The central task during fMRI scanning was, as expected, harder for the high- than low-load condition in all participants. Mean detection latencies for central target letters were significantly slower in the high-load versus low-load condition [637 versus 486 ms, t(15) = 12.2, P < 0.001]. Hit rates were also lower [79.2 versus 89.5%, t(15) = 3.54, P = 0.003] and false alarms increased [25.9% versus 10.3%, t(15) = 5.64, P = 0.001] during high load versus low load. Performance was always reliably above chance on either task, confirming adherence to the task requirements. There were no significant differences in performance on the central task in the presence or absence of the different peripheral checkerboard stimuli, during either the high- or low-load tasks (ANOVA, all Fs < 0.35, P > 0.58), indicating that peripheral distractors did not mask central stimuli nor divert attention away from the central task. Taken together, these behavioral data confirm that central attentional load was successfully varied by our task manipulation.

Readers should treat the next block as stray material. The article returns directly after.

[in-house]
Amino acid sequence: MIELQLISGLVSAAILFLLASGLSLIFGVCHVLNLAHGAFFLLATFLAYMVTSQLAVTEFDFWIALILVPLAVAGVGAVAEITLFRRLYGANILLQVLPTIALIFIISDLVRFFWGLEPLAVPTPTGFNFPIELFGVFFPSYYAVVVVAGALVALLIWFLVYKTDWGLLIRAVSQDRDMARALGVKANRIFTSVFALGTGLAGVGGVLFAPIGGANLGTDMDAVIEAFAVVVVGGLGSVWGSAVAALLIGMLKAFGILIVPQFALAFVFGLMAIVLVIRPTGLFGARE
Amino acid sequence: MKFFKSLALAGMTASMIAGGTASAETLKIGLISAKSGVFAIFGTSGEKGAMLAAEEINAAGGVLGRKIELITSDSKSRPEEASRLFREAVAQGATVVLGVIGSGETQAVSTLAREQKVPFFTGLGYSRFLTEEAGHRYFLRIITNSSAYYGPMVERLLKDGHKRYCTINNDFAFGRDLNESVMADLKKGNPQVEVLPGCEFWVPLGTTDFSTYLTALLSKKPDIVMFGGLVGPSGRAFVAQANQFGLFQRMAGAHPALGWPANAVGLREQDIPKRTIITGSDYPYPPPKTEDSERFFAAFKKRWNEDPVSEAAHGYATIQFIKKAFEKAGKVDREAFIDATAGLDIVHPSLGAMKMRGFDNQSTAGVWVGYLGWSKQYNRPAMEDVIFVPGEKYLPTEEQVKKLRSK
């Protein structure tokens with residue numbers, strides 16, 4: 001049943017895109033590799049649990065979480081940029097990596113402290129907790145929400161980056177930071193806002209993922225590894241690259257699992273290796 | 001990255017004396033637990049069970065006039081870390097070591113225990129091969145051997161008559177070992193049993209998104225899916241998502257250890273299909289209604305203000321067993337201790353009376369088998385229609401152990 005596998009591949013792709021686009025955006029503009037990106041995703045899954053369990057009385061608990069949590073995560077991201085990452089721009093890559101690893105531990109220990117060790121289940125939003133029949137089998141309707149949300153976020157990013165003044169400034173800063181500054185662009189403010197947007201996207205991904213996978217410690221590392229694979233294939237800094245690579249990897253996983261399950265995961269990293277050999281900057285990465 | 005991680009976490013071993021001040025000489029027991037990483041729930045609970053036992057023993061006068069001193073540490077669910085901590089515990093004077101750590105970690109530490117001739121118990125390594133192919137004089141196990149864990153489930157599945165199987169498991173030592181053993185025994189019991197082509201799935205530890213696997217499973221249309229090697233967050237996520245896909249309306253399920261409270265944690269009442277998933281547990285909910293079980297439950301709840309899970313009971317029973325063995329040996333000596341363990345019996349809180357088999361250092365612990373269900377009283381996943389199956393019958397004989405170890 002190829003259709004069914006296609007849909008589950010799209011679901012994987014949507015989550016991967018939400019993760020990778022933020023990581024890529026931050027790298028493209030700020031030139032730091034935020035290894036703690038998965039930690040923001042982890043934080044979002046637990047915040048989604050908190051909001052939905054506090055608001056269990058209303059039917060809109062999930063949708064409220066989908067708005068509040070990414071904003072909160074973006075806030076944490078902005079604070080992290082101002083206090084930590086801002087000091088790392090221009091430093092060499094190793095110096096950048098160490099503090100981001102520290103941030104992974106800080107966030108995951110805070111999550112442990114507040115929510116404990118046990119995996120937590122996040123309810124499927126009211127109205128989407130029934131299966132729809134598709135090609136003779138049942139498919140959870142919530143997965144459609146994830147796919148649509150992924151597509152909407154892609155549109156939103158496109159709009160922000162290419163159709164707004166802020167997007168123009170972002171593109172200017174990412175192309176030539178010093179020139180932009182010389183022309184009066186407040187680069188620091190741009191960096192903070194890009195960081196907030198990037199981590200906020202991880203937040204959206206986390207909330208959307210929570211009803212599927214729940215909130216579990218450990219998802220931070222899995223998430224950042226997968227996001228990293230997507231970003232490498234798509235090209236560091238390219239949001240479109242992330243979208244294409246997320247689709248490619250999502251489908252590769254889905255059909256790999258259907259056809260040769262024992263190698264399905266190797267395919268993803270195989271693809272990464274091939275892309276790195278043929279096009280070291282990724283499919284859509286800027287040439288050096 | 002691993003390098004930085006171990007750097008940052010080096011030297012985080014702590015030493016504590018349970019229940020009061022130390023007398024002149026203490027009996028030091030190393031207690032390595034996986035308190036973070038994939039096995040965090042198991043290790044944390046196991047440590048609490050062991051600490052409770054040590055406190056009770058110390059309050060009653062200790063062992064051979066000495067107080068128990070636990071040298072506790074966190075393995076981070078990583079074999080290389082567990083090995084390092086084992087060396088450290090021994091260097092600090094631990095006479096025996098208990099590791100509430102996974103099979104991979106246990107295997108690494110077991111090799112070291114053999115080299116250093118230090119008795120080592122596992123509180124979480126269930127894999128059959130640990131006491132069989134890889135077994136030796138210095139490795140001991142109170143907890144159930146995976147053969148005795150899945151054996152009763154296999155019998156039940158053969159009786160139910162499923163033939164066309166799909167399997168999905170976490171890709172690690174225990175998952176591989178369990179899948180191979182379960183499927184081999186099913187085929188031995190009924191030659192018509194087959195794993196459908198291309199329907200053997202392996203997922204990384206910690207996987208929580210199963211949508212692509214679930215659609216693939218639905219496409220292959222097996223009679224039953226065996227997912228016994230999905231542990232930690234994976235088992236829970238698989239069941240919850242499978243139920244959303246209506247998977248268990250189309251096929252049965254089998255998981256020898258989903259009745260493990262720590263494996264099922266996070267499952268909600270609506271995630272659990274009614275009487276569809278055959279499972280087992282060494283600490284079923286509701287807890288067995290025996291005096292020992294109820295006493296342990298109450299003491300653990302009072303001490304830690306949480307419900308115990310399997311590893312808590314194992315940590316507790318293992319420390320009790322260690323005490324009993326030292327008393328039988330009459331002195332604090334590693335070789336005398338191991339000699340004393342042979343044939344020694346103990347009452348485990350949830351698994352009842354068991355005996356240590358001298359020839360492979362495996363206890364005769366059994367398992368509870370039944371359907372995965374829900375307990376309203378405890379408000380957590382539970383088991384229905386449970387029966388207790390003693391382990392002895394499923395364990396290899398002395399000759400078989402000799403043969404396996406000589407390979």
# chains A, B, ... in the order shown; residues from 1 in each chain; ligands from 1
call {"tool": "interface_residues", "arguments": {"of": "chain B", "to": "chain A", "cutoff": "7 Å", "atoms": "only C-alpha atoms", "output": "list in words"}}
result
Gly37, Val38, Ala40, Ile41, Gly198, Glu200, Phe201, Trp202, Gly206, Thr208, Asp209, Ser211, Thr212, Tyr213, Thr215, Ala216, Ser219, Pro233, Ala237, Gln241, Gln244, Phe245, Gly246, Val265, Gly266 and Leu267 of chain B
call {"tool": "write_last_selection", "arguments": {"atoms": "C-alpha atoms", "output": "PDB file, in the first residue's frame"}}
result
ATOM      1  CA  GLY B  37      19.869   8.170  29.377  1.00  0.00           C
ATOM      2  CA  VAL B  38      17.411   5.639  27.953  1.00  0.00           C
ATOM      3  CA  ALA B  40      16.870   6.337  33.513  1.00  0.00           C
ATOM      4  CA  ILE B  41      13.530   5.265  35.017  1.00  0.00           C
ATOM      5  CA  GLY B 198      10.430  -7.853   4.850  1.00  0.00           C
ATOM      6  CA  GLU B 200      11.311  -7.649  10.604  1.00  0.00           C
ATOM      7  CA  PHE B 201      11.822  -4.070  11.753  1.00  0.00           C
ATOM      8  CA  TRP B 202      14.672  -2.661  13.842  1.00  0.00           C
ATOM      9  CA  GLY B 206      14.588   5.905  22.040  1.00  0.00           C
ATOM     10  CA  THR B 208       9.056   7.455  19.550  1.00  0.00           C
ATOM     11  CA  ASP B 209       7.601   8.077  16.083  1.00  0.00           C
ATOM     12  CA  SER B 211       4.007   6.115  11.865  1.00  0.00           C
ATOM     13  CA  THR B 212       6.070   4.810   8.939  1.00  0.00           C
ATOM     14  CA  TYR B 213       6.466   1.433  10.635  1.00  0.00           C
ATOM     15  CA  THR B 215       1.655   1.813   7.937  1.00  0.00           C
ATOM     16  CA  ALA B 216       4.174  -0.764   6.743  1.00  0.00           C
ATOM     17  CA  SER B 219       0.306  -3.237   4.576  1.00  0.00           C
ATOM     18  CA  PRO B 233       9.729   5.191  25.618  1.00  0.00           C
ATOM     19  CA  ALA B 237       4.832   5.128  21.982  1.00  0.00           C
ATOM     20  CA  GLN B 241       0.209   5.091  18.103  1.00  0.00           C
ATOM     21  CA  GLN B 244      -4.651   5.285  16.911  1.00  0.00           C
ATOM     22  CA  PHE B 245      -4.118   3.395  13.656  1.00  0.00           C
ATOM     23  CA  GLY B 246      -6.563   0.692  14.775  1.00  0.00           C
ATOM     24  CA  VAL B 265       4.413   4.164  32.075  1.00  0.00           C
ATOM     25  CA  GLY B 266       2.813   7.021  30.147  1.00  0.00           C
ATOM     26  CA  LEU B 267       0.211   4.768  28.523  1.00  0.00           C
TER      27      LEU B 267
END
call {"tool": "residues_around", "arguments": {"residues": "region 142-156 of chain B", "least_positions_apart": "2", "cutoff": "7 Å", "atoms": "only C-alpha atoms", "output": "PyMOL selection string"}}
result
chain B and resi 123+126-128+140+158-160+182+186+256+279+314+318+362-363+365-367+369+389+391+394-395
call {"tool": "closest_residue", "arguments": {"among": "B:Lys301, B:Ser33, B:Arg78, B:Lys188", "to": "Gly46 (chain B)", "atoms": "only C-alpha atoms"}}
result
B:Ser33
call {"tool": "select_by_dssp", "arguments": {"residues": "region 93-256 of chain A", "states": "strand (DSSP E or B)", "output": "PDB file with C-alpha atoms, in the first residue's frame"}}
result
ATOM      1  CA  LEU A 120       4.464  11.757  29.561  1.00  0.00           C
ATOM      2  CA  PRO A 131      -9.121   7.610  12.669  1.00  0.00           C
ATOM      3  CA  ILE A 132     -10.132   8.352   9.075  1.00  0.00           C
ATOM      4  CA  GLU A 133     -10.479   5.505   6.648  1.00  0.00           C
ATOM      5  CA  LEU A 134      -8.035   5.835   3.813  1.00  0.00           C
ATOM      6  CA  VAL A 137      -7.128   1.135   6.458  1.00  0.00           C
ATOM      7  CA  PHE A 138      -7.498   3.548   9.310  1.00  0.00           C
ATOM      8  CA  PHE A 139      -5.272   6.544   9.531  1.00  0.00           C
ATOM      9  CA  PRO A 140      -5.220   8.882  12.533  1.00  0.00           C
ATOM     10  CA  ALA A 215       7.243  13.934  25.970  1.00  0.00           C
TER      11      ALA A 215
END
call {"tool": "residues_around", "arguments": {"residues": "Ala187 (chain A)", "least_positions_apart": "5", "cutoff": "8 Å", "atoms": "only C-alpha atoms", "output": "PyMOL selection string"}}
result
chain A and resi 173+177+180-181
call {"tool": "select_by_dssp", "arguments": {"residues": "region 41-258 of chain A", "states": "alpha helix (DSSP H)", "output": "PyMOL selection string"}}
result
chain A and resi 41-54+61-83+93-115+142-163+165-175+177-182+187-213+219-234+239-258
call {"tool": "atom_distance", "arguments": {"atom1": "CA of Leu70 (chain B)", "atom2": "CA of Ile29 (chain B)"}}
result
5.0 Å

SPM Group Analysis of fMRI Data across the Whole Brain

Functional MRI data were first analyzed using SPM on a voxel-by-voxel basis across the whole brain, for all 16 participants. We will first present these whole-brain data, and then consider the relevant results in terms of individually mapped functional retinotopic areas. We start with the basic effects of high attentional load and of peripheral visual stimulation, before moving on to the critical issue of how high central attentional load and inter-hemifield competition may modulate the neural responses to peripheral visual stimuli.

Main Effect of High versus Low Attentional Load in the Central Task